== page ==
GENDER AND VIOLENT EXTREMISM
Given the constant ramification and ambivalence surrounding violent extremism and gender, we see both systems as critical to understanding the contemporary and transnational currents that effect our societies.
The series, which contains 7 chapters, explores multiple themes, ranging from gender to security and from policy frameworks to initiatives being conducted on the ground. Questions such as the influences of masculinity and femininity were explored as a way to uncover the many layers of a conflict and its dynamics.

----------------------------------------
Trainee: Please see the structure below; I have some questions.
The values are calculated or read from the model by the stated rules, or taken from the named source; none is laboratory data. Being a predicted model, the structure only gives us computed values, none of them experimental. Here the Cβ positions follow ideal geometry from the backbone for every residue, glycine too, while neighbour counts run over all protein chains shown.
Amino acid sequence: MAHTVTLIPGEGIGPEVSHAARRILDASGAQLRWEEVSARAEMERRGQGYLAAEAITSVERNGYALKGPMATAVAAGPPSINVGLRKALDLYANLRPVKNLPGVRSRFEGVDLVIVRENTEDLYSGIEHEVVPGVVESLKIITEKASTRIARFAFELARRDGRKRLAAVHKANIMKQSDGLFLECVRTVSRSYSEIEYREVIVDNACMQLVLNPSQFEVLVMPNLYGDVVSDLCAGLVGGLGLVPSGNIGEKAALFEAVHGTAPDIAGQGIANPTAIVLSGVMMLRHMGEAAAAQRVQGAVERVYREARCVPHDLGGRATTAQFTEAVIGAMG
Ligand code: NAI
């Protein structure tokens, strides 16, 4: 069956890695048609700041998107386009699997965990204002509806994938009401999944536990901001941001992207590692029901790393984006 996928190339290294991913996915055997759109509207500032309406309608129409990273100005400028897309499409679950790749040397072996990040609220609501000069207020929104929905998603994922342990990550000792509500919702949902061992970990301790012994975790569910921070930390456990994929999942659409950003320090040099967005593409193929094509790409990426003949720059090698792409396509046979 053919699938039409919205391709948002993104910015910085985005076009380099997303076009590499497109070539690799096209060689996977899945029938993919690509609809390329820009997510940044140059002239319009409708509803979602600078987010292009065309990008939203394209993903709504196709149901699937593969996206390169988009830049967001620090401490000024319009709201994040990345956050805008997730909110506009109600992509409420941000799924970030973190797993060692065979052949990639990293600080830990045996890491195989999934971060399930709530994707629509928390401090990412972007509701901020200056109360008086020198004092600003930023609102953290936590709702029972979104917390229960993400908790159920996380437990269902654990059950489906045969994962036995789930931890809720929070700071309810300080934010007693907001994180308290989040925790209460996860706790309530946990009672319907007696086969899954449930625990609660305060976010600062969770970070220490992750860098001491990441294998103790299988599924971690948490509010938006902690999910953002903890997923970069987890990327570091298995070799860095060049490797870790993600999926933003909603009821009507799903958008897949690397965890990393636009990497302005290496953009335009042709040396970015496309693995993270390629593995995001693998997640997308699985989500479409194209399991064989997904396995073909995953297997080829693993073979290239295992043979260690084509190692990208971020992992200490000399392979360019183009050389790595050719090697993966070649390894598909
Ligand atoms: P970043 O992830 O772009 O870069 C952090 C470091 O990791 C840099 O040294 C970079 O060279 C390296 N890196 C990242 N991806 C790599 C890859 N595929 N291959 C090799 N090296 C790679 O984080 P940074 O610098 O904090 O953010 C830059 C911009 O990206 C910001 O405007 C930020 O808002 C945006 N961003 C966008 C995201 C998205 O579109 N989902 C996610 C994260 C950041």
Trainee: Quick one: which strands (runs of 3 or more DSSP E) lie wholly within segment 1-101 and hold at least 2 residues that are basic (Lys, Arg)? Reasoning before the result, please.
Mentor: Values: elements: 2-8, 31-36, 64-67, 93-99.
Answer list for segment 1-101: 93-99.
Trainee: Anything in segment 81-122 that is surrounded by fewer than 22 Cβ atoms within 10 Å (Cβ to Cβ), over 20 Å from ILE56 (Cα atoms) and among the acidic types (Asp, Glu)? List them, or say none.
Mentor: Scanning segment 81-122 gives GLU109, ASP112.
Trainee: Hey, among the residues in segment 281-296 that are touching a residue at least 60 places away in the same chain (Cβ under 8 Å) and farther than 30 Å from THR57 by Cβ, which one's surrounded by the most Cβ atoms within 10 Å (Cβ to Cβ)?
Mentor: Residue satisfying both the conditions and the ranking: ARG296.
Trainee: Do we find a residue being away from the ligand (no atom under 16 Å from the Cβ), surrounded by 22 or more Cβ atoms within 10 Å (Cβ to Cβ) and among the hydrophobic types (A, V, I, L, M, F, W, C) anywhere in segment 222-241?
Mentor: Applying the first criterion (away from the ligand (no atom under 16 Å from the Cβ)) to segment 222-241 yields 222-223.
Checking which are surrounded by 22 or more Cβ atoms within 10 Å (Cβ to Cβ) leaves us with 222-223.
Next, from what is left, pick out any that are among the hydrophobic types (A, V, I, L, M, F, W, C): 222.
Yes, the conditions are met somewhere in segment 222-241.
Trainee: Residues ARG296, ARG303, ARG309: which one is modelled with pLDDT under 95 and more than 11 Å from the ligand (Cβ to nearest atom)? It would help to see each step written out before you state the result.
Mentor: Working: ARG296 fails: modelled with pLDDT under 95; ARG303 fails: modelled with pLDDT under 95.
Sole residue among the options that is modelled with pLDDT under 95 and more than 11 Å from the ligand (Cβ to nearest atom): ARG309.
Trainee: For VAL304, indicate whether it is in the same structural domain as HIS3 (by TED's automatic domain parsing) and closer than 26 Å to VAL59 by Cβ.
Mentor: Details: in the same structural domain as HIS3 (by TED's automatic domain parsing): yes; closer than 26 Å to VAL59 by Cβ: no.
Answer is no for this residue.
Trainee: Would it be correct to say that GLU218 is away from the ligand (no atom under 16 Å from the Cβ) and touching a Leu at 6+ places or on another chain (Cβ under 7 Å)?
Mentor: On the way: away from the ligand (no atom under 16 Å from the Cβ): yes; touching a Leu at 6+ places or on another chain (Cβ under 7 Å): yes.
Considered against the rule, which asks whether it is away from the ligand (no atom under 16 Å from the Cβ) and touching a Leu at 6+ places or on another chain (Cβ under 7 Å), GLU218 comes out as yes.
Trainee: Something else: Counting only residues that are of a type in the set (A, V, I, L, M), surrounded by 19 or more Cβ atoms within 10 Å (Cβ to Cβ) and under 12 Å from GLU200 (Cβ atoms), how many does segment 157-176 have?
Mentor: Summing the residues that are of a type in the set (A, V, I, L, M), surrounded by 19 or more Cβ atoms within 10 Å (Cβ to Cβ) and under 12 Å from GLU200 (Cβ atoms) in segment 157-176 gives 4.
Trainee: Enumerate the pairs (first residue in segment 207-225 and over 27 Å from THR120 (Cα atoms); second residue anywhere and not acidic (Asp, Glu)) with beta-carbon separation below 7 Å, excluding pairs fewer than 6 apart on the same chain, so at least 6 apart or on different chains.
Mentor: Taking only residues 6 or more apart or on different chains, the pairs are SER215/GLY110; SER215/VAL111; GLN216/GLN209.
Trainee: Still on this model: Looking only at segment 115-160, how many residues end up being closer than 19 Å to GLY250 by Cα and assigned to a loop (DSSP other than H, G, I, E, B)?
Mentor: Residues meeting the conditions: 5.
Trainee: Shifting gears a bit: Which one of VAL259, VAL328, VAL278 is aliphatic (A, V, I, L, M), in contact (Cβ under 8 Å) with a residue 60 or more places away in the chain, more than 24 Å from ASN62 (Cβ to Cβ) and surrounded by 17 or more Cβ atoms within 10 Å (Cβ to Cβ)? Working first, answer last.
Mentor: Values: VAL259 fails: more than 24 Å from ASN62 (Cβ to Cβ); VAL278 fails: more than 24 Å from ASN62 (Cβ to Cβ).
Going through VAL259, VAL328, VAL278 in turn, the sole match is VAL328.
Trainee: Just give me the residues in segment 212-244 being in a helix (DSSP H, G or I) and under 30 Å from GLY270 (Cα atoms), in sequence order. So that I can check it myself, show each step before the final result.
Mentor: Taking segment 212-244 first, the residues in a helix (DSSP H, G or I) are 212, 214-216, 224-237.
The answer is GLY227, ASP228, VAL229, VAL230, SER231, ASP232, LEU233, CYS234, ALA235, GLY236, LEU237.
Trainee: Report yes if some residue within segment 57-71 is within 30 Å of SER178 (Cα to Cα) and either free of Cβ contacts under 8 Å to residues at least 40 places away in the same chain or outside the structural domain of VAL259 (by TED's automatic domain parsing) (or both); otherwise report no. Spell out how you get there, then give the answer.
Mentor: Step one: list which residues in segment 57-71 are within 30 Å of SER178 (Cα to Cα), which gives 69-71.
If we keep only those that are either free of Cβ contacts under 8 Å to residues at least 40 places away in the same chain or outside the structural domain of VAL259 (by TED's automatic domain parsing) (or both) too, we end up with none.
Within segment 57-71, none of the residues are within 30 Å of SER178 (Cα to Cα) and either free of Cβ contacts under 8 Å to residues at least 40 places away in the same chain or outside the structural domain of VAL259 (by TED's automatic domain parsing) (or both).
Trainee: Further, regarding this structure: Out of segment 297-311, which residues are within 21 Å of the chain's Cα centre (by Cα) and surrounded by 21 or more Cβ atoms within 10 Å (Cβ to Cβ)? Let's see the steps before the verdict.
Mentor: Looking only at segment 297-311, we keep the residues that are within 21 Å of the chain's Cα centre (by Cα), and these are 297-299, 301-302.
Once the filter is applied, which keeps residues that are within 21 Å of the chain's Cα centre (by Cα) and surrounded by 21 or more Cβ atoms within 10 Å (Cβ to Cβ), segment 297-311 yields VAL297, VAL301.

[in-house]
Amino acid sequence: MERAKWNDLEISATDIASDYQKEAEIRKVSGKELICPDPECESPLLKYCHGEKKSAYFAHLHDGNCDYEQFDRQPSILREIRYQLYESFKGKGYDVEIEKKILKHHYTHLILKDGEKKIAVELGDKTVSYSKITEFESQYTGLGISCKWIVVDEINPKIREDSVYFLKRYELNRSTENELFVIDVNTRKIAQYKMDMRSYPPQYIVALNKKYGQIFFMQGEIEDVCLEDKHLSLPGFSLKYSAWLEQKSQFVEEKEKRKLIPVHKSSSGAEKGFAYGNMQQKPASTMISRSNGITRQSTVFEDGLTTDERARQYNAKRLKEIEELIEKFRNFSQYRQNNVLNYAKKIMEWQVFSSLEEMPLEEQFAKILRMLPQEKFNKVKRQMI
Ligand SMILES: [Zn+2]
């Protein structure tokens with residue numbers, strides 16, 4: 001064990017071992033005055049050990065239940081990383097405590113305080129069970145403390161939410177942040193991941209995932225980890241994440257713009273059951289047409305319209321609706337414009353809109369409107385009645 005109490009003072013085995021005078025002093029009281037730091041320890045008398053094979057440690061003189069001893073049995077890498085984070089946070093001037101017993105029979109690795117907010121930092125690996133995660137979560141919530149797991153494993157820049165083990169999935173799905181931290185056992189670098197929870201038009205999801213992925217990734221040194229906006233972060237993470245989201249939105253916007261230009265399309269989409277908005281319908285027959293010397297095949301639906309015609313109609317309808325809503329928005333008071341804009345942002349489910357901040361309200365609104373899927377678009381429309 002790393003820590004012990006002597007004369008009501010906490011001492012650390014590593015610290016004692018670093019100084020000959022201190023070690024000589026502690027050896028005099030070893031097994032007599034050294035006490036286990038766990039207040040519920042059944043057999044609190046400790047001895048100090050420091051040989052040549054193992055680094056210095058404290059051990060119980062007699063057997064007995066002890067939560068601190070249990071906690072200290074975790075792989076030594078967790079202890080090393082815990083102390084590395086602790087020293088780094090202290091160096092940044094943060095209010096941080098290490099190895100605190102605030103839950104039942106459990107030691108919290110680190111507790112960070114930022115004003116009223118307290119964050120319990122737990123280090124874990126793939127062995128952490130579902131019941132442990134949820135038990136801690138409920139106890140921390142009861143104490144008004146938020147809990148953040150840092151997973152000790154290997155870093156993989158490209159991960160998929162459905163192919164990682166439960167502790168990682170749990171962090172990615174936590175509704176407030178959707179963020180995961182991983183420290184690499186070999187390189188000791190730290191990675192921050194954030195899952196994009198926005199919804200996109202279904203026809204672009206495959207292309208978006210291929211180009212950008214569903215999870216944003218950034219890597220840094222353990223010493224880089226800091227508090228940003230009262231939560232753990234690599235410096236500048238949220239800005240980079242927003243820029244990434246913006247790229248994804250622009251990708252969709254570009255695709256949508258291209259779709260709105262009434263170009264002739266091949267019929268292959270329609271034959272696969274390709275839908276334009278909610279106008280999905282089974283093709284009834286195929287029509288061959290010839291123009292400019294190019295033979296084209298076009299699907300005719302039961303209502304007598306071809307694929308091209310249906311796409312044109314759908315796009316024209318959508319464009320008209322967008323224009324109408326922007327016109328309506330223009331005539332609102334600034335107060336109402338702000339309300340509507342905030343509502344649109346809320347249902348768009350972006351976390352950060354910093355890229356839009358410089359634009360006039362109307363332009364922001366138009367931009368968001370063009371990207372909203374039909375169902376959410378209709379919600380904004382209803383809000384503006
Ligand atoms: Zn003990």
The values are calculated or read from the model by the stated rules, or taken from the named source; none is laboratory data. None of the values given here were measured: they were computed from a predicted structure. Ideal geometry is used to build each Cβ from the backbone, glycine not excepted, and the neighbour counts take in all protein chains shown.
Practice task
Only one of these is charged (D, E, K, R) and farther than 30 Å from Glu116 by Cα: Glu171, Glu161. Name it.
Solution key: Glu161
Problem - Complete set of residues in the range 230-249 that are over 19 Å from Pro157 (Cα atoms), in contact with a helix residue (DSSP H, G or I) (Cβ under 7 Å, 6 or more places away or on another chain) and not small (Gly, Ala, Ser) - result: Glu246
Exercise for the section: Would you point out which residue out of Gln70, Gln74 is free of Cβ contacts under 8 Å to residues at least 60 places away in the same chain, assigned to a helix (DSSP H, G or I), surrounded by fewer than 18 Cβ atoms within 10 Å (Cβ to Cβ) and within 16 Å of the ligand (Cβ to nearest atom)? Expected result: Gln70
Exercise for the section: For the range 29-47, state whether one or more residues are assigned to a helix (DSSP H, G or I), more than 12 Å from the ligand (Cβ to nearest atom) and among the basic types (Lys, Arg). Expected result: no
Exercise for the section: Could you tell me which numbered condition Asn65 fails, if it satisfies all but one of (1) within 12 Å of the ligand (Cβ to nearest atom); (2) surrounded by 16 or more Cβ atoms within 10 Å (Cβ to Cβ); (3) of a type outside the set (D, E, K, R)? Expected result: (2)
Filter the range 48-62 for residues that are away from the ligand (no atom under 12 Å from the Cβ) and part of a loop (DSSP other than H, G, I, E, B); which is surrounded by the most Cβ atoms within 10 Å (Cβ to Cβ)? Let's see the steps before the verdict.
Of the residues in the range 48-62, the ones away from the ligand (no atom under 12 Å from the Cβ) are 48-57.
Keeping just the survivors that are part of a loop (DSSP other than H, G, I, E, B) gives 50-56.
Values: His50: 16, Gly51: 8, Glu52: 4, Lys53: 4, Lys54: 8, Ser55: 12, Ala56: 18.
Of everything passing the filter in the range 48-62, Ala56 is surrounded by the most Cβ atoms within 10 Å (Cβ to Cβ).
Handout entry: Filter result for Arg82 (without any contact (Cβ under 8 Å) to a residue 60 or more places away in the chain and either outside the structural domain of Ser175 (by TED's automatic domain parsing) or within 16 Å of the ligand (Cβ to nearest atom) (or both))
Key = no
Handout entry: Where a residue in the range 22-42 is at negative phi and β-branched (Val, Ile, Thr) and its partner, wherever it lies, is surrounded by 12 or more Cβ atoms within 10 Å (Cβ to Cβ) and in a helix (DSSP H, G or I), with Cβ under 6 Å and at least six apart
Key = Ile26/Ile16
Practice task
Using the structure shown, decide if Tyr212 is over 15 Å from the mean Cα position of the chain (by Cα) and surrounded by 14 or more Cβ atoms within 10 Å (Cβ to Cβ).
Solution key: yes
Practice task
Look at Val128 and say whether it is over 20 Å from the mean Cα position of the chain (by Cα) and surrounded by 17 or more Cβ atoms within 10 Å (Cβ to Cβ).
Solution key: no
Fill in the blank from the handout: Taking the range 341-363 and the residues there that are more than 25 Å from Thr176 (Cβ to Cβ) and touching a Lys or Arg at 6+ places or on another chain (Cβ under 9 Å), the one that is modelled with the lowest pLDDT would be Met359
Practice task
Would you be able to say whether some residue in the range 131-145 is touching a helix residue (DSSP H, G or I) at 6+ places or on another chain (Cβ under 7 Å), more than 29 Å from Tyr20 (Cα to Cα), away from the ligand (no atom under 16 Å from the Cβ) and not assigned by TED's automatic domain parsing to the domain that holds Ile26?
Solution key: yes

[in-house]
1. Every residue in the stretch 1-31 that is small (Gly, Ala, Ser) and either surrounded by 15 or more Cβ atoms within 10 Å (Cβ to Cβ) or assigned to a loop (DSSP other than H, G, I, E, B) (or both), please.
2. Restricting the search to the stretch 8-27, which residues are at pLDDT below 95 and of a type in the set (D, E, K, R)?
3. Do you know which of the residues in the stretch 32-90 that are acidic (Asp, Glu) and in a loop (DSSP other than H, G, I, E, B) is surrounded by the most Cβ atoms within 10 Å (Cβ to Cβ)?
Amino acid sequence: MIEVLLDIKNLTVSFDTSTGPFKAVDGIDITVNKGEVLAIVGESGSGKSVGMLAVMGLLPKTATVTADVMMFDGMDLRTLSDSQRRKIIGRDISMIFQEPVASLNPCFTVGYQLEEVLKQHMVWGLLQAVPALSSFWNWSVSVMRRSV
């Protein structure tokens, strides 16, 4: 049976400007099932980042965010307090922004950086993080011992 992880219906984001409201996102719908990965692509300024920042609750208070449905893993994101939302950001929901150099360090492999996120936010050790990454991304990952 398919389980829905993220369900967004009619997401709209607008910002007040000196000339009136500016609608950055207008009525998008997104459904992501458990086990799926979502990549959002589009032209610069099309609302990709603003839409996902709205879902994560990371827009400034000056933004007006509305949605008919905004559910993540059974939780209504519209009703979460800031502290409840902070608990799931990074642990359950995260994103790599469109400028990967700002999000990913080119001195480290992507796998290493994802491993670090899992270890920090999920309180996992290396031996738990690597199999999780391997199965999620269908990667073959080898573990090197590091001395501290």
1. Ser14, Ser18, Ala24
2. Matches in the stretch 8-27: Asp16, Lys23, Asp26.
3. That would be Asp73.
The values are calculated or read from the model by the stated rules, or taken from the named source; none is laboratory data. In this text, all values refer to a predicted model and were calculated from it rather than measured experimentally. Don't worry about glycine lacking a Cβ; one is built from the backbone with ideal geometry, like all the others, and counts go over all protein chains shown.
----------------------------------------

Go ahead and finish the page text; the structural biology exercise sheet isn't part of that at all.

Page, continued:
In many regions that have already faced internal strife for decades, such as Nigeria and Syria, extremist groups have proliferated and aligned. In these conflict-settings, acts of violence tend to be highly gendered and usually exploit rigid stereotypes about masculinity and femininity. For instance, men and boys are routinely targeted for recruitment. Another example, which is explored in chapter 6, can be found in the actions of the Islamic State of Iraq and Levant (ISIL) in their exploitation of gender norms and portrayal of women as the ‘future mothers of jihadi children’ or when the armed group target men using the message that male fighters will be rewarded with as many women as they wish. Accordingly, using a gender lens also includes men and boys, as gender refers to the different needs, experience and status of both women and men based in a social-cultural construct.